Every aspect of life in Sparta was geared toward the benefit of its military, which in its own time was widely considered the most effective infantry force in the Greek world. The military itself was a part of the life of Sparta, and vice versa. Indeed, few other cultures in the history of the world have ever geared themselves so totally to the arts of war as did Sparta at the height of its power.
As has been mentioned several times in the preceding history of Sparta, the basic formation of the Spartan military was the phalanx, a tight formation of heavily armed and armored hoplite infantrymen. At the front rank of the formation, the bronze-covered wooden shields of the hoplites would be overlapped in order to form a type of mobile protective wall. Long spears would then be used by the front ranks to strike out at the enemy as the phalanx advanced or as the enemy moved on the phalanx. In the case of a moving phalanx, enemies could end up crushed under the feet of the advancing infantrymen or killed by the second rank of soldiers. In the case of a static formation, as at Thermopylae, a tight phalanx could stand up to the assault of an enemy force many times larger, provided that the flanks of the phalanx were secured and that a flanking maneuver could not be executed.
Though the spear was the primary weapon used in conjunction with the phalanx formation, it was susceptible to being broken. In this instance, the Spartan hoplite could switch to a sword or to using the spike that was traditionally placed at the rear end of a spear as an offensive weapon. The shield would be held in the left hand, while the right was used to wield the spear or sword that the hoplite was using at the time.
When arranged for battle, the elite elements of the Spartan army would find themselves clustered on the right flank (as at Leuctra) to prevent a flanking maneuver from being executed by an enemy. This would generally include the hippeis, if a Spartan king was deployed into the field. Before the beginning of a battle, as is common in many global military traditions, the Spartans would chant a type of battle hymn known as a paian, probably accompanied by a type of flute music. This music would help to focus the minds of the warriors for battle and to remind them of the duty that they owed to Sparta as soldiers. This, combined with years of intensive training, would ensure that every man in the phalanx line would hold his position. Social pressure, too, would have played a role, as there were few things less tolerated in the Spartan society than cowardice in battle.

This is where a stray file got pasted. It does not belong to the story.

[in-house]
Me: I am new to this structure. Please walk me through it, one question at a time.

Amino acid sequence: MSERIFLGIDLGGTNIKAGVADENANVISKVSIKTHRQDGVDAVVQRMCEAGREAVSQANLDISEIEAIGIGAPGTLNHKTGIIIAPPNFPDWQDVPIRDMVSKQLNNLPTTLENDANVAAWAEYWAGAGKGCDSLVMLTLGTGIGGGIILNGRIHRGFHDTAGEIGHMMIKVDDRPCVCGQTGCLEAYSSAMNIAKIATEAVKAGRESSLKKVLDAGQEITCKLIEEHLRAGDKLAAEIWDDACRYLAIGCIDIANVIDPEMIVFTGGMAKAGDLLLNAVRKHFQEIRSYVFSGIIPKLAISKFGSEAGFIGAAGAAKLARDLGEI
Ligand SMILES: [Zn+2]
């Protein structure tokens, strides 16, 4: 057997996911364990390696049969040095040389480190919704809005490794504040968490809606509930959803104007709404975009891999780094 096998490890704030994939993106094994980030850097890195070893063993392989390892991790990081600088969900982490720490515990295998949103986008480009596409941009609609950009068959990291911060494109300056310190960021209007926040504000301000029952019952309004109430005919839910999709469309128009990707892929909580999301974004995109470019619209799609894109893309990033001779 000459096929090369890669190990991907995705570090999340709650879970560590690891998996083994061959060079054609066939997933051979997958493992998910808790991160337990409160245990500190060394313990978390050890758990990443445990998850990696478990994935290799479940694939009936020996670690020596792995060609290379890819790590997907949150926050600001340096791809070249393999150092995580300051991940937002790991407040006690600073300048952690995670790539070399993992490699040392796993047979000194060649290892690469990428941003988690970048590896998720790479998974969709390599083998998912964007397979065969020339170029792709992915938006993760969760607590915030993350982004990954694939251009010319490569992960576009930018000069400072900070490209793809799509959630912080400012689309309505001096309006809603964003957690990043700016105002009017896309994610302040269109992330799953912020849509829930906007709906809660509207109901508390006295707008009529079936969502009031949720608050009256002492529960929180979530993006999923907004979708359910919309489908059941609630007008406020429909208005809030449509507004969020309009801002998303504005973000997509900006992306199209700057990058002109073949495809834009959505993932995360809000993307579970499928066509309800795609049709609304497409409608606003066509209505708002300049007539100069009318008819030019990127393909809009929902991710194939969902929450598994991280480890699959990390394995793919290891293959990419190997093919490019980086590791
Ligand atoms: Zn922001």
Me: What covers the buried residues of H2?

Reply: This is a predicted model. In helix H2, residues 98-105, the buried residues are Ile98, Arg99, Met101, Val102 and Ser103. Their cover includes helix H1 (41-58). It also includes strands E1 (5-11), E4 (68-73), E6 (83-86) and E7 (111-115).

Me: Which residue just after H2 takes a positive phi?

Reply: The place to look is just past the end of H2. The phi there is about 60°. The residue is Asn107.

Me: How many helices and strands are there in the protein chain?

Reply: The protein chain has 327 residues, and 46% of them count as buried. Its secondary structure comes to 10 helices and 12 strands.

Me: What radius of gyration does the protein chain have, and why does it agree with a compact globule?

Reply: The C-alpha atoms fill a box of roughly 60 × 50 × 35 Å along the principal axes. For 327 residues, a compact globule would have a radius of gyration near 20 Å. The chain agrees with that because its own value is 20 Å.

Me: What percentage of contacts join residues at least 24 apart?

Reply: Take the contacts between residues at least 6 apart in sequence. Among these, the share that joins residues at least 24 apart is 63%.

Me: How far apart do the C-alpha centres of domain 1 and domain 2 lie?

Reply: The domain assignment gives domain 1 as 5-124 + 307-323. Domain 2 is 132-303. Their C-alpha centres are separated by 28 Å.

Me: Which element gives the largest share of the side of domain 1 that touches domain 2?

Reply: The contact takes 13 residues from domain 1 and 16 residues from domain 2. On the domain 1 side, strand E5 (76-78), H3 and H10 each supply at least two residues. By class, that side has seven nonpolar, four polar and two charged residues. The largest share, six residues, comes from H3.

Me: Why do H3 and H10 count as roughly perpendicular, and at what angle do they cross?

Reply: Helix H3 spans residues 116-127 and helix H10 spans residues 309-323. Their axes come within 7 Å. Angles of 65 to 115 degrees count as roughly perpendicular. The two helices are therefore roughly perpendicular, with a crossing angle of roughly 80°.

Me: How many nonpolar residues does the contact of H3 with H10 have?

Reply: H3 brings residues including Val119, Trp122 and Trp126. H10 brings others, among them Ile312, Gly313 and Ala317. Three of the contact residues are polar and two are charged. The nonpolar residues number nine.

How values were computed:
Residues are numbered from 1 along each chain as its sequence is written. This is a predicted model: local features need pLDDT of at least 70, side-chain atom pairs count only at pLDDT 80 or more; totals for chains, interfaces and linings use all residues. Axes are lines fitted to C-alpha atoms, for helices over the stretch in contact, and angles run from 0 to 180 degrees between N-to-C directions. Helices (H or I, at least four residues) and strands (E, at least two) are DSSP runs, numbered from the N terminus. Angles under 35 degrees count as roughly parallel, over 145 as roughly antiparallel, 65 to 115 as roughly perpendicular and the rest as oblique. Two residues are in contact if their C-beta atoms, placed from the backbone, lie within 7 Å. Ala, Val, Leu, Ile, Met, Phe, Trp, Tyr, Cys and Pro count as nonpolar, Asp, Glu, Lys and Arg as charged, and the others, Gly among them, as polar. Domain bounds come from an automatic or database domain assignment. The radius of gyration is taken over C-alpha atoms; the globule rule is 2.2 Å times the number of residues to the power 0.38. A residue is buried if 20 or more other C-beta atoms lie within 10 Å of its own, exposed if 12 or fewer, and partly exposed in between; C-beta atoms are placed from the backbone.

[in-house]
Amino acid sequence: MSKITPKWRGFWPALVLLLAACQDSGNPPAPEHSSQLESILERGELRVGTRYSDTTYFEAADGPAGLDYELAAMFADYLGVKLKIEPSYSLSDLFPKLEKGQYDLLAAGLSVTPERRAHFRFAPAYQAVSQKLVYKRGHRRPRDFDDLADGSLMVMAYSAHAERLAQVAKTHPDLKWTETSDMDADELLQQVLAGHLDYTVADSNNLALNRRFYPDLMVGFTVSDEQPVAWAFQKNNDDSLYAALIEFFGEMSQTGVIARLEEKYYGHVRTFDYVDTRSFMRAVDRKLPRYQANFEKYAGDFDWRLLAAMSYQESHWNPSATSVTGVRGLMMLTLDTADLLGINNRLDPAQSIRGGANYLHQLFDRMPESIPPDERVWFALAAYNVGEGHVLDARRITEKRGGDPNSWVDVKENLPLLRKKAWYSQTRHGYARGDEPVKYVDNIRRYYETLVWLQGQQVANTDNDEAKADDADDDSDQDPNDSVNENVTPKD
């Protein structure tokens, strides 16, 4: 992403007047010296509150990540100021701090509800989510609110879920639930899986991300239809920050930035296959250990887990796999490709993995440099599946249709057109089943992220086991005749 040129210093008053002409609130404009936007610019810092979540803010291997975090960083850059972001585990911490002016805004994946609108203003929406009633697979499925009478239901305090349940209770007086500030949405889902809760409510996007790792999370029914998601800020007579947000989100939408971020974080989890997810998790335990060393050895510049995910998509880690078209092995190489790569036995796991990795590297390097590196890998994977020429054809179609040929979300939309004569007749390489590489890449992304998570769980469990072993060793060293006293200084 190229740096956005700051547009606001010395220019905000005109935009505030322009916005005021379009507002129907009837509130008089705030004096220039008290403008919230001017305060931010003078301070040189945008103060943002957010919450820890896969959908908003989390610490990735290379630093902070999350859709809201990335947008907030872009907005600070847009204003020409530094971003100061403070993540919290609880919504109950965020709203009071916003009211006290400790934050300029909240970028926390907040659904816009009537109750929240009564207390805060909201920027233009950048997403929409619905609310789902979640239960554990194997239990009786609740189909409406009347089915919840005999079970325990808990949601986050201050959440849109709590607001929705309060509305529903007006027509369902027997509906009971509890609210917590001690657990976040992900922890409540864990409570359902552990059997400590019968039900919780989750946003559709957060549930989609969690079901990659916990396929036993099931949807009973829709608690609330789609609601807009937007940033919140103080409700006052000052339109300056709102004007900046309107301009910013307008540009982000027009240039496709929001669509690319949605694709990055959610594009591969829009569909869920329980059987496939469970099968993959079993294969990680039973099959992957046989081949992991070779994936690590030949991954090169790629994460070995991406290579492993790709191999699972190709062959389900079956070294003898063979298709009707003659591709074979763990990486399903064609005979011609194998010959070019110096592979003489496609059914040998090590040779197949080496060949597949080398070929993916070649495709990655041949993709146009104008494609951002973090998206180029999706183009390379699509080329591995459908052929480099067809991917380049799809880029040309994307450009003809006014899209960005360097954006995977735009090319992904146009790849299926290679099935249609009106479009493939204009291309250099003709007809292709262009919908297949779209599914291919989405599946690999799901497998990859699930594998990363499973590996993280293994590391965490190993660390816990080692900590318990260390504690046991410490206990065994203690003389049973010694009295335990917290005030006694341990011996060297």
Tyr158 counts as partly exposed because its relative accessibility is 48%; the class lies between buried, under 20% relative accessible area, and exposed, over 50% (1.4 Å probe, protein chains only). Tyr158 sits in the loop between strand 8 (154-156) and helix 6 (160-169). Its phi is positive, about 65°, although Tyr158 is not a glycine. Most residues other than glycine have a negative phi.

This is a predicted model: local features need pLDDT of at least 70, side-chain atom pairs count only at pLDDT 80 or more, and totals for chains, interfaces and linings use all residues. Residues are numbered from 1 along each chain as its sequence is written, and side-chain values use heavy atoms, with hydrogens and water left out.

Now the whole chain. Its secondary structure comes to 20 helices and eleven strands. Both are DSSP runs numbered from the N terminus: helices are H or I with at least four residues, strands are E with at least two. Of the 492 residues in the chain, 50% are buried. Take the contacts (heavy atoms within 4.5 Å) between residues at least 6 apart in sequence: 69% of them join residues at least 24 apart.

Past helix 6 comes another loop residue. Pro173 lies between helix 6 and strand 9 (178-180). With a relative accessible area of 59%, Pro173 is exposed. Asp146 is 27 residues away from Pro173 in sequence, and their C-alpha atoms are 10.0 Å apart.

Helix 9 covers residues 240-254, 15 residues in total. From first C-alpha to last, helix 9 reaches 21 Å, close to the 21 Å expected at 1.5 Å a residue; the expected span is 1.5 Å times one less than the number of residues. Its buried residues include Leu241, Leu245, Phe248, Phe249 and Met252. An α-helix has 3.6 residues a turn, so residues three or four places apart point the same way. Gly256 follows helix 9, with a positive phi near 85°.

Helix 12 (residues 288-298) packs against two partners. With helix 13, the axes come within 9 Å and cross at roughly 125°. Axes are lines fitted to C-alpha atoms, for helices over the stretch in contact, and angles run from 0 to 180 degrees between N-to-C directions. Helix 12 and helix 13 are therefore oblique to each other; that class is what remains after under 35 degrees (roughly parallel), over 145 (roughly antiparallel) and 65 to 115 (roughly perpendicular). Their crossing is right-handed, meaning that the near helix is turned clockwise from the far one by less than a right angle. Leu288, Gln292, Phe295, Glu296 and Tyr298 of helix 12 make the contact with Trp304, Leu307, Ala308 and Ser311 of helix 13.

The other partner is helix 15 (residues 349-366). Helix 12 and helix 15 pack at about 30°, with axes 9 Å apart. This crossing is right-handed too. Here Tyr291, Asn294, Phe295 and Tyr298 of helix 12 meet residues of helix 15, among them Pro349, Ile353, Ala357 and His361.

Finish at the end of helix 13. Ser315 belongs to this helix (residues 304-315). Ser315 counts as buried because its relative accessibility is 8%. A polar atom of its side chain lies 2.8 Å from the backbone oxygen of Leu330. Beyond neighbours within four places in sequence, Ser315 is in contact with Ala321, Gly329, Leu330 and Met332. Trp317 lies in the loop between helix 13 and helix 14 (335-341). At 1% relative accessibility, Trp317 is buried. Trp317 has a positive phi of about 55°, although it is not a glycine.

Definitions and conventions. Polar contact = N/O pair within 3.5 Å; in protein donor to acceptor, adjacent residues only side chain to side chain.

However, it should be noted that the Spartan army rarely fought alone. To begin with, Spartiates were generally accompanied by many Helots who were bound to serve them in battle (sometimes with ratios as high as seven Helots to each Spartiate). Perioeci, too, were frequently involved in the military conflicts of Sparta. In addition, Sparta would frequently field armies led by Spartans but consisting of soldiers from the many city-states of the Peloponnesian League and other allies. By this method, the comparatively small but disproportionately powerful Spartan army could fight effectively against much larger forces. This type of alliance army was common for the city-states of Greece in war, as few of them could field a large army on their own.
At sea, the Spartans were, for most of their history, a much weaker power than their Athenian neighbors to the north. This briefly changed under Lysander's naval command, but the fleet of Sparta was not as important to it as its land forces. For this reason, it was common practice for it to engage the fleets of its allies in war, particularly Corinth. At any one time, the Spartan fleet was commanded by a single general, known as the navarch. The navarch of the Spartan fleet could only serve for one year and could not hold the post twice.
Underlying both the actions of the Spartan military and the many elements of Spartan life that were geared toward facilitating those actions was a code of honor that governed the behavior of the Spartan solider both on and off of the battlefield. Spartan soldiers, though expected to be heroic and, indeed, to die for Sparta if the circumstances made such a sacrifice inevitable, were taught that they should fight with the desire to live and fight again, rather than entering the battle without a care for their own lives. Stoic calmness, rather than blind rage, was the norm expected of the Spartan hoplite, even in the thick of a battle. True to the long-standing use of the phalanx formation, this code specifically forbade hoplites from dropping their shields, thus creating an opening in the otherwise impenetrable wall of shields at the front of the formation. This same code of honor applied, if in a different manner, in the daily life of the Spartan soldier. A Spartan was to remain stoic and cool-headed at all times, rather than giving into rage or fits of emotion. In this sense, this code of conduct may be seen as an analog to the medieval code of chivalry, although the core values of the two cultures expressed through these codes are, of course, different in many ways.